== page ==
HTML and CSS Reference
In-Depth Information
Web engineers initially dealt with the issue using a technique called polling. Polling
is a synchronous method (that is, no concurrency) that performs periodic requests,
regardless whether data exists for transmission. The client makes consecutive re-
quests after a specified time interval. Each time, the server responds with the avail-
able data or with a proper warning message.
Though polling "just works", it is easy to understand that this method is overkill for
most situations and extremely resource consuming for modern web apps.
Long polling
Long polling is a similar technique where, as its name indicates, the client opens a
connection and the server keeps the connection active until some data is fetched or
a timeout occurs. The client can then start over and perform a sequential request.
Long polling is a performance improvement over polling, but the constant requests
might slow down the process.
Streaming seemed like the best option for real-time data transmission. When using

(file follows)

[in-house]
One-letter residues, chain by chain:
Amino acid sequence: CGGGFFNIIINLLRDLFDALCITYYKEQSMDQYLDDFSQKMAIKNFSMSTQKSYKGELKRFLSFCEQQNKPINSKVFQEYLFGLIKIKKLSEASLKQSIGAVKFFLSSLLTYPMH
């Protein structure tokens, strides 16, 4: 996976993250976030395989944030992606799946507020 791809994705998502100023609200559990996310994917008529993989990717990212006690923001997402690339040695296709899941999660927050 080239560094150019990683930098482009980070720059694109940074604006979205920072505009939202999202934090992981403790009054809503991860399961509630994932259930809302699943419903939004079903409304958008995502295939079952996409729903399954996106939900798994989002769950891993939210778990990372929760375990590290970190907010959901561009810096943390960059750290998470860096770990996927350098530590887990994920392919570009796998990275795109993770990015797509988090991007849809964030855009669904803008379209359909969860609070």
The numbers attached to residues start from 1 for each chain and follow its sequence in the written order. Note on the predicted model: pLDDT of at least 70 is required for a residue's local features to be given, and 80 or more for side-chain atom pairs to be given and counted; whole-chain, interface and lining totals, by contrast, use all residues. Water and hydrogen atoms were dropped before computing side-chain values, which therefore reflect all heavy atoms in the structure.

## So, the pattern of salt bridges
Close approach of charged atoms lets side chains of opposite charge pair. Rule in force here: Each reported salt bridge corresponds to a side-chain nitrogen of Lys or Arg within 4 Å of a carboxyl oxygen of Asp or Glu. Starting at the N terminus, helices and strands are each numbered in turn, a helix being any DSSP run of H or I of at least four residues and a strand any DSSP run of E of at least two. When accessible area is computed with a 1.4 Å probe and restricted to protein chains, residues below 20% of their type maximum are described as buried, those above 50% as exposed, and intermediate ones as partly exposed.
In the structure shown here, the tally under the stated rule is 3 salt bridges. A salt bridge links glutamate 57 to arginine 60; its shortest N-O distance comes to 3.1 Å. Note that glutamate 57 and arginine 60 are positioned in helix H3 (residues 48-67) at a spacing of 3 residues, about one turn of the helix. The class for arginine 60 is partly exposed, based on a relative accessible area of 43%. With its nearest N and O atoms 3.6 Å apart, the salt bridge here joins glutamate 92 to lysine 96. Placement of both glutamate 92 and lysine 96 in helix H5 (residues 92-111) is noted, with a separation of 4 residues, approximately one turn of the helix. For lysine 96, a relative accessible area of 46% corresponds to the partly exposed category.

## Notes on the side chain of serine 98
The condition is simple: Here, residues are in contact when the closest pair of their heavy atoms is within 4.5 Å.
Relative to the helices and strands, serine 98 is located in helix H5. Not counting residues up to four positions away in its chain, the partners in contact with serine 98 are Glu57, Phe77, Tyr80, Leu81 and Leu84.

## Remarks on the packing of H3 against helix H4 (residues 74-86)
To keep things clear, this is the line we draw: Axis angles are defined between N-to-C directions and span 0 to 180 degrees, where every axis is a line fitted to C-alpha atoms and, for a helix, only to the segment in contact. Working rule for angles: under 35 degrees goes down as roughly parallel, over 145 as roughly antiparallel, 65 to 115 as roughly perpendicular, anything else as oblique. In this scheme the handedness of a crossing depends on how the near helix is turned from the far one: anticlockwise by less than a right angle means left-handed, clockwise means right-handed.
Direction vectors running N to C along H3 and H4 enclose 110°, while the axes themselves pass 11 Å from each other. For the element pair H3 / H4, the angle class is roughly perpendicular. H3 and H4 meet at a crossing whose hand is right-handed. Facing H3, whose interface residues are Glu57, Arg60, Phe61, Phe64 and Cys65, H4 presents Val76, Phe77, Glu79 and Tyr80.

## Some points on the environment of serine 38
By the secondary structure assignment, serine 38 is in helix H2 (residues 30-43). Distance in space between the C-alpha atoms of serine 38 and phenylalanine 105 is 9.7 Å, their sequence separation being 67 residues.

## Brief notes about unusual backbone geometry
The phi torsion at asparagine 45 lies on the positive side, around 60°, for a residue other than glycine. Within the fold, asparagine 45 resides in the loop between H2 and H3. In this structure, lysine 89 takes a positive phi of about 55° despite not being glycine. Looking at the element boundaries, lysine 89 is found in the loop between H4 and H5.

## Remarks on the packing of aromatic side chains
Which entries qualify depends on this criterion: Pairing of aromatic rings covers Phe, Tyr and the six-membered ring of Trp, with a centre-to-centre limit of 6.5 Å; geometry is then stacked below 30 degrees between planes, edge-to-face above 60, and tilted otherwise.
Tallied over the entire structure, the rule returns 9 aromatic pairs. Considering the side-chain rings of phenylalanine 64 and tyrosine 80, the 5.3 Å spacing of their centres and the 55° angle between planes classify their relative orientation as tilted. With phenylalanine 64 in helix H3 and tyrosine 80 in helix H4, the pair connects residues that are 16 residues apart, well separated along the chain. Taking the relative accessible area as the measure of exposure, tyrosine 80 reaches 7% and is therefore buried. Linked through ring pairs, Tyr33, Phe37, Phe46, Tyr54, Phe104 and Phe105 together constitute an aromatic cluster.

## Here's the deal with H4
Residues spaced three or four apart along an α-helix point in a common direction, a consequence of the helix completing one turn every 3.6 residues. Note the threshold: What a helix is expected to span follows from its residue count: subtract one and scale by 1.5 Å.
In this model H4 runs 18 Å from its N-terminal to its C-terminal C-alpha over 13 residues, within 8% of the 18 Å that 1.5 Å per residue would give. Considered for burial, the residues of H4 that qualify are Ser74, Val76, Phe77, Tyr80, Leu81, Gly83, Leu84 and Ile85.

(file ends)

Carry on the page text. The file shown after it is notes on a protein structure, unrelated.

streaming, the client performs a request and the server keeps the connection open
indefinitely, fetching new data when ready. Although this is a big improvement,
streaming still includes HTTP headers, which increase file size and cause unneces-
sary delays.
Postback and AJAX
The web has been built around the HTTP request-response model. HTTP is a state-
less protocol, meaning that the communication between two parts consists of inde-
pendent pairs of requests and responses. In plain words, the client asks the server
for some information, the server responds with the proper HTML document and the
page is refreshed (that's actually called a postback). Nothing happens in between,
until a new action is performed (such as the click of a button or a selection from a
drop-down menu). Any page load is followed by an annoying)(in terms of user ex-
perience) flickering effect.
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